Des Moines’ Big City Burgers and Greens aims to become the greenest restaurant in Iowa. The restaurant’s owner, Jeff Duncan, made it his mission to create a 100% compostable establishment. Every little detail, including compostable garbage bags, has an environmental tilt to it. Radio Iowa reports that Duncan isn’t satisfied, and thinks the restaurant could become more environmentally friendly in the future:
The restaurant is located on the ground floor of an eight-story building in the heart of downtown, so he says the eatery isn’t as green as he’d like it to be, at least not yet.
Duncan says, “There’s things that we’re limited to in the building as far as electricity and A/C and things like that, but if we expand and do a free-standing building, we can look to doing wind turbines, using more recyclable products in the construction, outside and inside our buildings.”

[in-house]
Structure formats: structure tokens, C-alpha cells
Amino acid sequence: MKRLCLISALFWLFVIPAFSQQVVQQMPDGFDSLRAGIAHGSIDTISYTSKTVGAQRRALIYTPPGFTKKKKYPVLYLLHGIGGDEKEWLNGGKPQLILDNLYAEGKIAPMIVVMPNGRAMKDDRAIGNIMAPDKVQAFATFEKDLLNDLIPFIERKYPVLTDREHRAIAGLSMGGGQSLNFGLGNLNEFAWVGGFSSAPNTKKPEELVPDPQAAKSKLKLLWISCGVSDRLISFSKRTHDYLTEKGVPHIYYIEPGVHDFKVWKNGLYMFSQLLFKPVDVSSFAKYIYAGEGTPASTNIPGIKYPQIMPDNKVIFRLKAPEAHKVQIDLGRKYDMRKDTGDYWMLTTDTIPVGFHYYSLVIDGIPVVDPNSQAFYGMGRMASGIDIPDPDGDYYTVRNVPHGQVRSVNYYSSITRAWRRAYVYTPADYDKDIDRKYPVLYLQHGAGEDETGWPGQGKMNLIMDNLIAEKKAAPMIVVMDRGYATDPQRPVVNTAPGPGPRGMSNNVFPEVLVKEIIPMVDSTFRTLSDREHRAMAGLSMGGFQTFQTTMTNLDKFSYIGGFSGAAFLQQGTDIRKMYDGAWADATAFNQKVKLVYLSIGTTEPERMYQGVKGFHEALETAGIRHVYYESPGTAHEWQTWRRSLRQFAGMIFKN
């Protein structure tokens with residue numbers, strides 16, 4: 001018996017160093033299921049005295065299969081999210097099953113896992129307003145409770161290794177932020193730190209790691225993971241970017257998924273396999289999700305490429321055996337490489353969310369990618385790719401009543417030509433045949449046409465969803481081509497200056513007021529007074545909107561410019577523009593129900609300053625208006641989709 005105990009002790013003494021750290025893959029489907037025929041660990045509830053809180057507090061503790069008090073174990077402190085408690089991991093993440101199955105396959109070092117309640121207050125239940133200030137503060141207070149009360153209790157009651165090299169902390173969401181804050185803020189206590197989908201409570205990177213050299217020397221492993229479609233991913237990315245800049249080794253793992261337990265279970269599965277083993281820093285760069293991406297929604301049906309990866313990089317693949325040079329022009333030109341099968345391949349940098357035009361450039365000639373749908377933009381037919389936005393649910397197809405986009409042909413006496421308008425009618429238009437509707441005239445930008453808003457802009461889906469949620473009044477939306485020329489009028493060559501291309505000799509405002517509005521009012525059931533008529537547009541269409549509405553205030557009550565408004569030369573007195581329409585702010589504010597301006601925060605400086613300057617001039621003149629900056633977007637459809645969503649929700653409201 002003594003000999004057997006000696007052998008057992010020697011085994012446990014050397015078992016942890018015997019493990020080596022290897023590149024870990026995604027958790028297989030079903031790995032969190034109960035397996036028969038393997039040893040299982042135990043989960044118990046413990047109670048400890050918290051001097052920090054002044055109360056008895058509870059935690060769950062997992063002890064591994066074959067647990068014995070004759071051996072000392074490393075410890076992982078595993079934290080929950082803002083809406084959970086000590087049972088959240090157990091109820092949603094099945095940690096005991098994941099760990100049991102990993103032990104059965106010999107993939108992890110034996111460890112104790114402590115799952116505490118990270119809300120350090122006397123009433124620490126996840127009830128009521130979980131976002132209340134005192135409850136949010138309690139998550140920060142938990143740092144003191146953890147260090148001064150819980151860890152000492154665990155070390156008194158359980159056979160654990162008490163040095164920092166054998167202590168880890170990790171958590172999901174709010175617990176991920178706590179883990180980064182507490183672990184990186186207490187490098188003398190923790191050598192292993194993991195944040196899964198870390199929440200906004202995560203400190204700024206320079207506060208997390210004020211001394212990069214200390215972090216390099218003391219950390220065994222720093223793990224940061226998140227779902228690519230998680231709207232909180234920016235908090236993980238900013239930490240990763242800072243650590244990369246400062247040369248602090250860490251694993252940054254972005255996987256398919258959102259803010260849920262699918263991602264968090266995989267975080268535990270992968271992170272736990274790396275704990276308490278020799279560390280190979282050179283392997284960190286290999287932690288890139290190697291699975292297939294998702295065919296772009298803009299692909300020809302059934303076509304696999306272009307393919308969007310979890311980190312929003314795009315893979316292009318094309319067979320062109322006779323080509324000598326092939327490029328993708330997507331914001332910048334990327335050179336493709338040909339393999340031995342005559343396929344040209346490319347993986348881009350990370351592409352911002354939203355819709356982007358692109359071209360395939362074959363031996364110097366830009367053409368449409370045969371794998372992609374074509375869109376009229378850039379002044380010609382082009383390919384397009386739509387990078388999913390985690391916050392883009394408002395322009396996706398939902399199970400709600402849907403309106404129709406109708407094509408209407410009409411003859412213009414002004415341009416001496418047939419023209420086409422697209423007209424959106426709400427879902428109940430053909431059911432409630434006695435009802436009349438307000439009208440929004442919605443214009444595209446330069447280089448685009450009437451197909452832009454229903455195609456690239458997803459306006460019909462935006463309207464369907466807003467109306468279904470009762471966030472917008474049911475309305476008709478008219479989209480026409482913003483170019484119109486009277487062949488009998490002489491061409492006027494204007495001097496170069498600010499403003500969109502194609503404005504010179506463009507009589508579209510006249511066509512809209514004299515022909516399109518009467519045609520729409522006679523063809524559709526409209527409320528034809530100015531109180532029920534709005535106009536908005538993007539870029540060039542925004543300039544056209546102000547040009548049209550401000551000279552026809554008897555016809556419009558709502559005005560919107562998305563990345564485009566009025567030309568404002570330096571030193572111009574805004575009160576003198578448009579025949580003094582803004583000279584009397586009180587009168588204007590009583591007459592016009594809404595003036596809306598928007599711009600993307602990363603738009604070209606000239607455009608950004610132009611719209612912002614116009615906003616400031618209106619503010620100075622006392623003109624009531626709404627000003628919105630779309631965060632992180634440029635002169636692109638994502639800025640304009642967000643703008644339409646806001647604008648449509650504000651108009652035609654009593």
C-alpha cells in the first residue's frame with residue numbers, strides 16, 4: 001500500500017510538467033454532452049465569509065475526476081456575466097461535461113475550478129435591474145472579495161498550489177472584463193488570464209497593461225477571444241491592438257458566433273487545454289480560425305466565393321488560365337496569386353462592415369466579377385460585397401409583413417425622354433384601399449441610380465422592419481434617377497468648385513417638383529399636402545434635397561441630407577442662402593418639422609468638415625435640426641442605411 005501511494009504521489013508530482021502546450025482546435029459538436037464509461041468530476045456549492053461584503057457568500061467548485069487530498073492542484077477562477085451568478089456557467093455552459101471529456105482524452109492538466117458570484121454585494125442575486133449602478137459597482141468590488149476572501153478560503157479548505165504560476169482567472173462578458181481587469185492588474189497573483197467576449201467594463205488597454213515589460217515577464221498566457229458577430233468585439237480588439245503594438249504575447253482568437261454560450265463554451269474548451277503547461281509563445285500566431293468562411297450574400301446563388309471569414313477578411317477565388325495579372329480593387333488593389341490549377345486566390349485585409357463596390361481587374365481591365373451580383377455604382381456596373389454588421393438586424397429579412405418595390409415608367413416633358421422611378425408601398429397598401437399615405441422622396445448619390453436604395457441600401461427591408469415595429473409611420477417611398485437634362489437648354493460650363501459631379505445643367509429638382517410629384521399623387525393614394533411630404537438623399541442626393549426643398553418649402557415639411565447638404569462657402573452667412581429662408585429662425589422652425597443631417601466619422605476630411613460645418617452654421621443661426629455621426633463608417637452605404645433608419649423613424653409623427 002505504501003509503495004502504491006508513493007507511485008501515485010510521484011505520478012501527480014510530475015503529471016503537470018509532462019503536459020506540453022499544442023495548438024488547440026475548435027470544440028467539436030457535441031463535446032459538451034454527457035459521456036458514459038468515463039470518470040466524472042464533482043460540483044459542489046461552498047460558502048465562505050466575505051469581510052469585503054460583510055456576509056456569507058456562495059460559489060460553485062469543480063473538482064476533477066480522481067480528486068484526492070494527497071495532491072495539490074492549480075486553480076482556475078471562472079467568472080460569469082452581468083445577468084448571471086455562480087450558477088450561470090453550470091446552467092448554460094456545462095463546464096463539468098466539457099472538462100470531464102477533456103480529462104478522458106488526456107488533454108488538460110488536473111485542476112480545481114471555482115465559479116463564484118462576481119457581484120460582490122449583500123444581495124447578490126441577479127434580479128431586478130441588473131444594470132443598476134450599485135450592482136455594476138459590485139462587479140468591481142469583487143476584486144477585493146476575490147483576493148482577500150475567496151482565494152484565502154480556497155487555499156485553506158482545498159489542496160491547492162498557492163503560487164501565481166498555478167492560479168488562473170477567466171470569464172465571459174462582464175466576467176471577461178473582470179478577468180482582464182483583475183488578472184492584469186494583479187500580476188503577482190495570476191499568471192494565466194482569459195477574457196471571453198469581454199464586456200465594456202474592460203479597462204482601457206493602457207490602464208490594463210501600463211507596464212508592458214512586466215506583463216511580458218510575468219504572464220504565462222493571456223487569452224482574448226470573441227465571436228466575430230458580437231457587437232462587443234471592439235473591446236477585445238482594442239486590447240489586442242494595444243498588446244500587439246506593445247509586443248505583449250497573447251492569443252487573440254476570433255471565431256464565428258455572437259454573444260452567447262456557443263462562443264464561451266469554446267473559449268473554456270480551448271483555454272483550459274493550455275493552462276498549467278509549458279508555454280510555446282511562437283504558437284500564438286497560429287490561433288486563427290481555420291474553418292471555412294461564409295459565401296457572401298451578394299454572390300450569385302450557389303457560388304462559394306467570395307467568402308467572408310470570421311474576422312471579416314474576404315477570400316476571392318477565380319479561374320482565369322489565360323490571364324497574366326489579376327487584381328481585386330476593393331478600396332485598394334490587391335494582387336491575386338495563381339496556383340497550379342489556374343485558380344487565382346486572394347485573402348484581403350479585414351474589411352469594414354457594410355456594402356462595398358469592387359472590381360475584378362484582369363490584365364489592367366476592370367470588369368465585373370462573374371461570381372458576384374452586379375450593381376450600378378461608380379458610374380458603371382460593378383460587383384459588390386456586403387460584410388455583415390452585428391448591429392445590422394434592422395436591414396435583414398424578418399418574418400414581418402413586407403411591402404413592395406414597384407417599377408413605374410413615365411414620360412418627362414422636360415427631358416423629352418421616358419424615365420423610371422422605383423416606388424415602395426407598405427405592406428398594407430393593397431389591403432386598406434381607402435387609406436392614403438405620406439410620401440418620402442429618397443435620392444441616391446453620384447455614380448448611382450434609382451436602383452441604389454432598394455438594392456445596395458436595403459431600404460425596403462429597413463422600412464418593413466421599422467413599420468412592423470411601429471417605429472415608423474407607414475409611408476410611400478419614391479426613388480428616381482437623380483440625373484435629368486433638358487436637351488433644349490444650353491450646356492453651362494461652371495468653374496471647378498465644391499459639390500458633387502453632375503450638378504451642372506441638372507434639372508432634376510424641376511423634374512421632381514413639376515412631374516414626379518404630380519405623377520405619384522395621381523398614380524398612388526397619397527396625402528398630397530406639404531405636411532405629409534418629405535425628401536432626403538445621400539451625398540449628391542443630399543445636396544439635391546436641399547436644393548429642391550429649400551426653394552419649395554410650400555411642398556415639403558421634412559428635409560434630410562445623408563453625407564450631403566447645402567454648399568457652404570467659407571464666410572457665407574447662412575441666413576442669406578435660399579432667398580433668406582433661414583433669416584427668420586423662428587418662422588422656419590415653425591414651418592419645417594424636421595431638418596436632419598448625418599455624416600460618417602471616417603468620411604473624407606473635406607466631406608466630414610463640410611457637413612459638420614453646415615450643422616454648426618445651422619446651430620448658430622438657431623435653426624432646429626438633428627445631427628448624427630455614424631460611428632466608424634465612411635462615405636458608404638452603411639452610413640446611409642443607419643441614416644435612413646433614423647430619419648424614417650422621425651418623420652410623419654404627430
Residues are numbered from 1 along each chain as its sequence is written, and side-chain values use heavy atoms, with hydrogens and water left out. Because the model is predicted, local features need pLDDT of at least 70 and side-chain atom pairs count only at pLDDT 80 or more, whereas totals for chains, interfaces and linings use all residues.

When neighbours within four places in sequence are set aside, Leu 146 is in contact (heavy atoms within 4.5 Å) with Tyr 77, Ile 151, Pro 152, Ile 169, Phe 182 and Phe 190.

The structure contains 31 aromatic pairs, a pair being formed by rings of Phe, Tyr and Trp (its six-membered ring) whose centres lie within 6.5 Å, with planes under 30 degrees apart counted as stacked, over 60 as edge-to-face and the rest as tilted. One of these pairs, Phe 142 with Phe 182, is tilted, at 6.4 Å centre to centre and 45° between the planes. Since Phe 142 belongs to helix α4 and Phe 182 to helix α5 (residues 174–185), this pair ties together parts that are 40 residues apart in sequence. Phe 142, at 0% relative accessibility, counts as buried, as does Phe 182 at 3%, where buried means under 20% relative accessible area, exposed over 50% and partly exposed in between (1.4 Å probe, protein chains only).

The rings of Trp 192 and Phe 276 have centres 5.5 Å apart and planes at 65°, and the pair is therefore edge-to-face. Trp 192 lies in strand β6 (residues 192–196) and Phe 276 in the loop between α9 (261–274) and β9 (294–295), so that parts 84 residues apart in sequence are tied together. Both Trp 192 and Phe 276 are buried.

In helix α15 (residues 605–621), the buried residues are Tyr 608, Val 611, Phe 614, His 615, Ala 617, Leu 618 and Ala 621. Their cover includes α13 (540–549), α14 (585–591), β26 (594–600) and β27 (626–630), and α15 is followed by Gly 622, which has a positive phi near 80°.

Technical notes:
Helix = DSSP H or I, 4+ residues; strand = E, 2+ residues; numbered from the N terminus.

Green restaurants are a growing trend in the U.S. This makes a large difference for the environment as restaurants use up a surprising amount of energy and create a tremendous amount of waste. According to a 2008 USA Today article, the average restaurant creates about 100,000 pounds of garbage each year. The same article argues that most of restaurants energy use comes from inefficient practices:
Nearly 80% of the $10 billion dollars that the commercial food service sector spends annually for its energy use is lost in inefficient food cooking, holding and storage, says PG&E’s tech division.
The average restaurant annually consumes roughly 500,000 kilowatt hours of electricity, 20,000 therms of natural gas and 800,000 gallons of water. Using the latest EPA carbon equivalents, that amounts to 490 tons of carbon dioxide produced per year per restaurant, PG&E estimates.
A non-profit organization called Dine Green works at helping restaurants lower their environmental impact. They also list restaurants around the nation that meet their green standards. Currently, no